Emerging market economies and their currencies have been playing a more important role in international finance markets. There are some characteristics of trading these currencies versus those of industrialized nations that individuals should price into their investments.
“In the past few years, emerging-markets equities and bonds have become a larger portion of investors’ portfolios. In 2011, the emerging-markets debt category had $15.8 billion in new assets this year. This demand is because of stronger economic growth in emerging markets compared with meager growth from the developed world,” Timothy Strauts for Morningstar wrote in an ETF analysis. [Investors Get More ETF Options For Emerging Market Bonds]
Before investing in emerging market currencies, it is necessary to understand that the banking and financial systems in these countries are still forming. A middle-class may have yet to be established, however, many of these economies do boast a growing middle class ranking. Political regime can greatly affect the currency market and have been known to completely freeze investing capital, reports Investopedia.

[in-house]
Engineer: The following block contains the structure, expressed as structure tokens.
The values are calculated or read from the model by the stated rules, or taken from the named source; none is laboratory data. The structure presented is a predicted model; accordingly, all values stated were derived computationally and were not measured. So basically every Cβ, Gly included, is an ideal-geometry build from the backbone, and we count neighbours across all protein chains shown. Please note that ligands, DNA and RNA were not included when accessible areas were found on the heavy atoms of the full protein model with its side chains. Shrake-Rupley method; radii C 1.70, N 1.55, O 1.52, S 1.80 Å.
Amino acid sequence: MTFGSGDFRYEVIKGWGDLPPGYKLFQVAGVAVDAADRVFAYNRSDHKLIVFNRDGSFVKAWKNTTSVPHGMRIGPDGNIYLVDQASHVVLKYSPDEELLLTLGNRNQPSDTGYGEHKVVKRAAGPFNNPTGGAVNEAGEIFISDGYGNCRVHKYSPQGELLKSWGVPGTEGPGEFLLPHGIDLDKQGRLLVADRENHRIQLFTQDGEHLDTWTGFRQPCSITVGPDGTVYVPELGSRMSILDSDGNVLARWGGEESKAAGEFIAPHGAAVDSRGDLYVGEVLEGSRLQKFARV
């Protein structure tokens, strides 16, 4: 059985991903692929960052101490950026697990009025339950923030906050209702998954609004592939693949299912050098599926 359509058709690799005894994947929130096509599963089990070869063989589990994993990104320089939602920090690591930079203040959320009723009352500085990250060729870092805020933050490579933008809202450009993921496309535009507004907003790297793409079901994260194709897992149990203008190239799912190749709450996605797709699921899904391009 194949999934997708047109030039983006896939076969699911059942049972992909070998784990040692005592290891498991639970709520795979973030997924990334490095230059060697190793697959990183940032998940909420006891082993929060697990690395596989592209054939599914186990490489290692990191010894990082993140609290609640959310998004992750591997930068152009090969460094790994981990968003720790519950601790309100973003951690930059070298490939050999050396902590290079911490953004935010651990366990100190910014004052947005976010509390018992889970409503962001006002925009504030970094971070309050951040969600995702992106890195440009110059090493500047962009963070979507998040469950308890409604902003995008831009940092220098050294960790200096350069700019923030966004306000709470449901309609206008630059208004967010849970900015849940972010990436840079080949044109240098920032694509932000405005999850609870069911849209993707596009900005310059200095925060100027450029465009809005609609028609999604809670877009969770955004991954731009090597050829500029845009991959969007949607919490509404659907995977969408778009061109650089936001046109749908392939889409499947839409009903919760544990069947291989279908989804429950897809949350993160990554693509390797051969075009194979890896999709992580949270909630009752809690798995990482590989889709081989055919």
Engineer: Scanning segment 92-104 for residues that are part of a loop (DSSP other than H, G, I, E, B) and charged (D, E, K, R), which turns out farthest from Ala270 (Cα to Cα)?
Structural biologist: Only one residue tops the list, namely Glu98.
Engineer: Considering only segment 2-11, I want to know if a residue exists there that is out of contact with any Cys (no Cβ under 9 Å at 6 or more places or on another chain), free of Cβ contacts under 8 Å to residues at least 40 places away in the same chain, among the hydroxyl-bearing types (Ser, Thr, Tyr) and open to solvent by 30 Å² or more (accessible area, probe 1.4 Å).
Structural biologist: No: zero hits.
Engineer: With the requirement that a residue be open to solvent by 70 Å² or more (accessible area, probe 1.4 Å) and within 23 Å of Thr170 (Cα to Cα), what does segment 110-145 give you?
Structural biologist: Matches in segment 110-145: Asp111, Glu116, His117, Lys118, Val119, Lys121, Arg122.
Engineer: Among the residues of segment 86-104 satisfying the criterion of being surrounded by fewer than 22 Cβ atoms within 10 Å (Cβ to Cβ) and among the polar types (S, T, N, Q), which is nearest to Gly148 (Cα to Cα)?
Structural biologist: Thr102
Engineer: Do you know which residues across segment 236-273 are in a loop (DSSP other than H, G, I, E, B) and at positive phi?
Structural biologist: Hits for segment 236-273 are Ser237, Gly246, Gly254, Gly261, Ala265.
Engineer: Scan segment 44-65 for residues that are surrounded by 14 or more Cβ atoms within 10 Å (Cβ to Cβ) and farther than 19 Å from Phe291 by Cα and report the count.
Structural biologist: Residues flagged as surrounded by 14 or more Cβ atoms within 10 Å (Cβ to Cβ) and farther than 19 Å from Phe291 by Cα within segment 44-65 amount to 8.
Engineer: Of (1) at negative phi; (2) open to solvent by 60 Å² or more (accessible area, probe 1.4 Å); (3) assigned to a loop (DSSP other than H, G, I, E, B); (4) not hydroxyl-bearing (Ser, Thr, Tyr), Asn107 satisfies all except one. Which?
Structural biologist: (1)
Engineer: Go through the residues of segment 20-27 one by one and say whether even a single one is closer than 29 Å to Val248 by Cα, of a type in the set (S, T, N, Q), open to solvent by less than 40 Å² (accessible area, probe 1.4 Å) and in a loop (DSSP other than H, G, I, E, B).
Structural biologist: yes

As of late, emerging market debt and currencies sold off on uncertainty over a second bailout for Greece. There was no parliamentary approval of the bailout plan. Prabha Natarajan for Dow Jones Newswire reports that the U.S. dollar gained on most major Latin American currencies, after sentiment weakened on China’s widened trade surplus. [ETF Spotlight: CurrencyShares Mexican Peso Trust]
Various emerging market currency ETFs include:
- iShares Emerging Markets Local Currency bond Fund (NYSEArca: LEMB)
- WisdomTree Emerging Markets Local Debt (NYSEArca: ELD)
- Wisdomtree Dreyfus Brazilian Real Fund ETF (NYSEArca: BZF)
- Rydex CurrencyShares Mexican Peso Trust ETF (NYSEArca: FXM)
- WisdomTree Dreyfus South African Rand Fund ETF (NYSEArca: SZR)
Tisha Guerrero contributed to this article.